A beautiful and sophisticated teenager is placed in a regimented French girls' boarding school after her father apparently commits suicide over a business scandal. She immediately gains ...
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Françoise and her husband Jean-Pierre invite some friend couples to spend a weekend in their large villa on the Portuguese coast. What follows is a romantic intrigue, with each character discovering a little more about himself.
Young innocent aristocrat Benjamin comes to live with his Countess aunt. Her lover teaches him the techniques of seduction and sends him to test them, first on the maids, then on the upper class Anne and finally on the countess herself.
Set against the backdrop of the Nazi occupation of France, VICE AND VIRTURE is a stylized retelling of the Marquis de Sade's Justine, as envisioned by one of cinema's most provocative filmmakers Roger Vadim.
In the countryside near Normandy's beaches lives Marie, unhappy. It's 1945, she's married to Jérôme, a somewhat fussy milquetoast, diffident to the war around him and unwilling to move his ... See full summary »
A beautiful and sophisticated teenager is placed in a regimented French girls' boarding school after her father apparently commits suicide over a business scandal. She immediately gains admirers -- a lustful middle-aged artist, a handsome young composer, a fellow female student -- as well as a jealous rival. With the help of her schoolmates, she attempts to elope with the composer, but the adults catch on to the plot, and she is locked into her room at night. Written by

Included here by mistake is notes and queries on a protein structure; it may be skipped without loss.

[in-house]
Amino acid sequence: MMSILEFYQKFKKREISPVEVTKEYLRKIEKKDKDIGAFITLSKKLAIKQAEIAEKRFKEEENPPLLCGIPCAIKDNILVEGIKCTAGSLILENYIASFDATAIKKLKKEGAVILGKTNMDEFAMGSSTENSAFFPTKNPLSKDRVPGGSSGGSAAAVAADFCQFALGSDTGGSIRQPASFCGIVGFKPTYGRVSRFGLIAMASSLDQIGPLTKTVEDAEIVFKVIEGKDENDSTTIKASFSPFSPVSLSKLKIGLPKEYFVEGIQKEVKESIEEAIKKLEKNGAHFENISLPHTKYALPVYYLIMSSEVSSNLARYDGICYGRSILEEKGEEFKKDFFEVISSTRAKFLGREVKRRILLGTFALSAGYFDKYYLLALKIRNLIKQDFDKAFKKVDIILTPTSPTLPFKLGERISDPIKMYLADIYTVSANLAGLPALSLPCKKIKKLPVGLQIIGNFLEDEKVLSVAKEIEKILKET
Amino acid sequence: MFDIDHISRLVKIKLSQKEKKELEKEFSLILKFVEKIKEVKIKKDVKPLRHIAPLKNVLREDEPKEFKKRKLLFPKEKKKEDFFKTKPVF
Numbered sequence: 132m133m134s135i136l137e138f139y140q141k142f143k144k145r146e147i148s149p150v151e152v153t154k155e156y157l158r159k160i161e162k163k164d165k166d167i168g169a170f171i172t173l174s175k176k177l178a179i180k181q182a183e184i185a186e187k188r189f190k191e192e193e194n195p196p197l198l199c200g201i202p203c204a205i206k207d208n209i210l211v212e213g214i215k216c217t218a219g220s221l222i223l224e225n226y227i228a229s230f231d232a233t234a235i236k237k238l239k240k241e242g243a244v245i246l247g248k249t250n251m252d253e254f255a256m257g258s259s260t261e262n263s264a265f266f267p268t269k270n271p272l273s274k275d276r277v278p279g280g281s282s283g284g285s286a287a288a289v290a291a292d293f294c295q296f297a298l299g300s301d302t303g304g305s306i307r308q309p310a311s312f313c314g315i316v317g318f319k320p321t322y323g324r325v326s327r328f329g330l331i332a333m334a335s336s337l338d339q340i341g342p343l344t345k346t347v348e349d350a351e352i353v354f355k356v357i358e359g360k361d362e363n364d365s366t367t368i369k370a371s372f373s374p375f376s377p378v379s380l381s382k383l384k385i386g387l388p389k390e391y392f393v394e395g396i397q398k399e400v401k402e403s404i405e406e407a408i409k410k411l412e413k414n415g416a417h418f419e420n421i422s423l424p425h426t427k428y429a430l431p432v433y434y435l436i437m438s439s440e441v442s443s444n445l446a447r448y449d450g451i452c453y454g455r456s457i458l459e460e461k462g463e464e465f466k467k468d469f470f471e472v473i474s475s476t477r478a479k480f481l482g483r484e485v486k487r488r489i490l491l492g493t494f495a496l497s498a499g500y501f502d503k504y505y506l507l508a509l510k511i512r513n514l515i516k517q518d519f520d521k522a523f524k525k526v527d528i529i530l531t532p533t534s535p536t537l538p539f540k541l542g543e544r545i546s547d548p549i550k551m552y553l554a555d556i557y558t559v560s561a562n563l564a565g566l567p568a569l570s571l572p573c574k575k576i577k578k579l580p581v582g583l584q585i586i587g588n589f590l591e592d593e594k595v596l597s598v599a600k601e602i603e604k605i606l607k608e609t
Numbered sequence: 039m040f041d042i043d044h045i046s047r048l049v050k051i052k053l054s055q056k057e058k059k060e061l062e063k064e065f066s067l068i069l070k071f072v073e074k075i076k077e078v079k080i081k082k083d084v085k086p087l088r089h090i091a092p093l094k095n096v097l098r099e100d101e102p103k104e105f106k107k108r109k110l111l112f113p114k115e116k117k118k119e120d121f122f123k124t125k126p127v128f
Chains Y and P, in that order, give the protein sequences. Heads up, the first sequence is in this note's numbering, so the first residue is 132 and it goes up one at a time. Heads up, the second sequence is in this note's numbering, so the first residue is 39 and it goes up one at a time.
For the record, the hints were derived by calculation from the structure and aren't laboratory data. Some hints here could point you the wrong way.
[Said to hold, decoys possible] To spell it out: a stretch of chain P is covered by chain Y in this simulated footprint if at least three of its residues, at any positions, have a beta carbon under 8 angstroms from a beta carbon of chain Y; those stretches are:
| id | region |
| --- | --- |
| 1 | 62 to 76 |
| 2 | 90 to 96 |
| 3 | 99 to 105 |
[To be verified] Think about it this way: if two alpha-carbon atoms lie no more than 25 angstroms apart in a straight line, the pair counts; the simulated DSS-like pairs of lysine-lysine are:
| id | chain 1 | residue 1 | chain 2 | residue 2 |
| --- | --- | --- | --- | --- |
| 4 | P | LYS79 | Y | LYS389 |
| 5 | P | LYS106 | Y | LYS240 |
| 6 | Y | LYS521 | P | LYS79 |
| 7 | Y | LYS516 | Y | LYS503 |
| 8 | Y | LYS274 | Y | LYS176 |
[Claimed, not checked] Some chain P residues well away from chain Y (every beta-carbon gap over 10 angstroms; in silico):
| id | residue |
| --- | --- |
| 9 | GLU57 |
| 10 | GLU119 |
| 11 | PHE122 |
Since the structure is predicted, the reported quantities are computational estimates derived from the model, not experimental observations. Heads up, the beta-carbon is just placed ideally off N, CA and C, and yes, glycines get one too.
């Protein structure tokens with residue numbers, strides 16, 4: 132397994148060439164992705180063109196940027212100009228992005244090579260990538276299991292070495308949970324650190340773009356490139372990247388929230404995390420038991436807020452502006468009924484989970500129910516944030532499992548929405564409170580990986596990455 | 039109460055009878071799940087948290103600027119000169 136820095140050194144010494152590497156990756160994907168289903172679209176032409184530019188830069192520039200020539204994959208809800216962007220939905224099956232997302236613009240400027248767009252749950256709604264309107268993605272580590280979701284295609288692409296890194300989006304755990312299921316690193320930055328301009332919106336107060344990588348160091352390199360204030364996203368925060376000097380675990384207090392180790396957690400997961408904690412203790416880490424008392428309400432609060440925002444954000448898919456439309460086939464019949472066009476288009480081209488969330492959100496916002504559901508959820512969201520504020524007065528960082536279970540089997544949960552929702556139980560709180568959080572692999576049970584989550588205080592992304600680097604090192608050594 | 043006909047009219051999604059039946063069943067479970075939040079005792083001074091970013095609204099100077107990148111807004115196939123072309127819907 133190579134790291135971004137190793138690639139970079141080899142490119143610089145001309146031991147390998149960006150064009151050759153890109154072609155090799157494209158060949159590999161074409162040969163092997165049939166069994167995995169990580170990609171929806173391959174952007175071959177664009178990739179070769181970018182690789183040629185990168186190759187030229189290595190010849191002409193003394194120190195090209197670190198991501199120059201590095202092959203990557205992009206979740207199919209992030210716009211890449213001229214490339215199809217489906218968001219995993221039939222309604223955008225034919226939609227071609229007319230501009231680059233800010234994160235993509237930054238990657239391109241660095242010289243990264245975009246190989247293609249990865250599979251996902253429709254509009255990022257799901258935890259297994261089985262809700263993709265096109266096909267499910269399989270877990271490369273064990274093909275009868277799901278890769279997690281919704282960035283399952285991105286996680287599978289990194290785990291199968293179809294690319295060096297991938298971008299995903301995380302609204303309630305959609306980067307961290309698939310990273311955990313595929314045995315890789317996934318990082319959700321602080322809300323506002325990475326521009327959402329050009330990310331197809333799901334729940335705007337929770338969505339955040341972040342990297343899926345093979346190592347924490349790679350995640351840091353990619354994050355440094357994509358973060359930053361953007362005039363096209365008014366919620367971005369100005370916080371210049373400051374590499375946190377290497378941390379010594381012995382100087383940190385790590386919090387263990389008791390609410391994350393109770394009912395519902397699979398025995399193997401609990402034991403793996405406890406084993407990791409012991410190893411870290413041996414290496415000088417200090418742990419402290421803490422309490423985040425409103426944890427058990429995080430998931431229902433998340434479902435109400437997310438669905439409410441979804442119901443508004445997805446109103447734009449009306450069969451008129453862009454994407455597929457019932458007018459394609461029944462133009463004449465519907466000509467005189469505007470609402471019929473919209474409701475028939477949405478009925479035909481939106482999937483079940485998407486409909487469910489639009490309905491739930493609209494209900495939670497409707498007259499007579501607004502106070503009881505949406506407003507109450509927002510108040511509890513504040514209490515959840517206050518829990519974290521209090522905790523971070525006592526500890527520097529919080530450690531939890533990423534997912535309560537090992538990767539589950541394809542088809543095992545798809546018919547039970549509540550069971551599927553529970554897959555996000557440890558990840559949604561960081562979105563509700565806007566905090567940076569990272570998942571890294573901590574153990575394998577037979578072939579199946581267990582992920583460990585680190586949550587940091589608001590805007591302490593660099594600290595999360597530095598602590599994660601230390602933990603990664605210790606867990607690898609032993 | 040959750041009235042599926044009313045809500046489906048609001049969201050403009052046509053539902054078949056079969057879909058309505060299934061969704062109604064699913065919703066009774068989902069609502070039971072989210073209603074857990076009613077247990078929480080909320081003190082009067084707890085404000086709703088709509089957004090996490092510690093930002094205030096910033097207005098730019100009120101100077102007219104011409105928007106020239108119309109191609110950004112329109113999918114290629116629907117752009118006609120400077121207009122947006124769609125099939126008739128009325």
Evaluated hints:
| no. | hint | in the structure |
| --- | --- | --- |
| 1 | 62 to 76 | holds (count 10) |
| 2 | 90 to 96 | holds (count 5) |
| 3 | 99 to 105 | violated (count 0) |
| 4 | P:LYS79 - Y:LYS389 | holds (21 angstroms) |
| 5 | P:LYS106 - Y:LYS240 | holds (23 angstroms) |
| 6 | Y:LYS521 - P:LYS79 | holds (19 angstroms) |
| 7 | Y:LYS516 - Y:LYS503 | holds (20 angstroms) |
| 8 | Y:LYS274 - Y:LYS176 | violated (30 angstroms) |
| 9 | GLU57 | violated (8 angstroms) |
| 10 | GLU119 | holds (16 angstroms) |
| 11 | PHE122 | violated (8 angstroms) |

Despite its frank (for the time) look at schoolgirl lust, this is ultimately a rather tepid melodrama in the traditional French coming-of-age genre. Due to the staid setting and pedestrian direction, it affords none of the retro-chic cachet of other foreign films imported by Radley Metzger's Audubon Films at the time. In fact, Metzger ingeniously shot and inserted some racier nude and lesbian scenes for the delayed import version (included on both the VHS and DVD releases), featuring a young, innocent-looking Georgina Spelvin! However, the requisite shower scene featuring Agnes Laurent is obviously from the original. There is also a gratifying hint of middle-aged adults being much more in tune with the girls' problems and desires than one would expect, and an equally fascinating subtext of adults (both male and female) lusting after the not-always-so-innocent girls.
The film serves best as a time capsule of the era just on the brink of the sexual revolution, and especially as a gallery of fascinating faces which decorated other Eurocult items -- Laurent, Estella Blain (who steals the show here with her exotic look) and, as a little girl, Catherine Deneuve, much spunkier than in any of her adult roles. Tim Lucas of Video Watchdog also believes he sees a teenage Bardot in one scene, but this is not readily apparent in the VHS version. Metzger would go on to create his own Euro-style schoolgirl epic, Therese and Isabelle.
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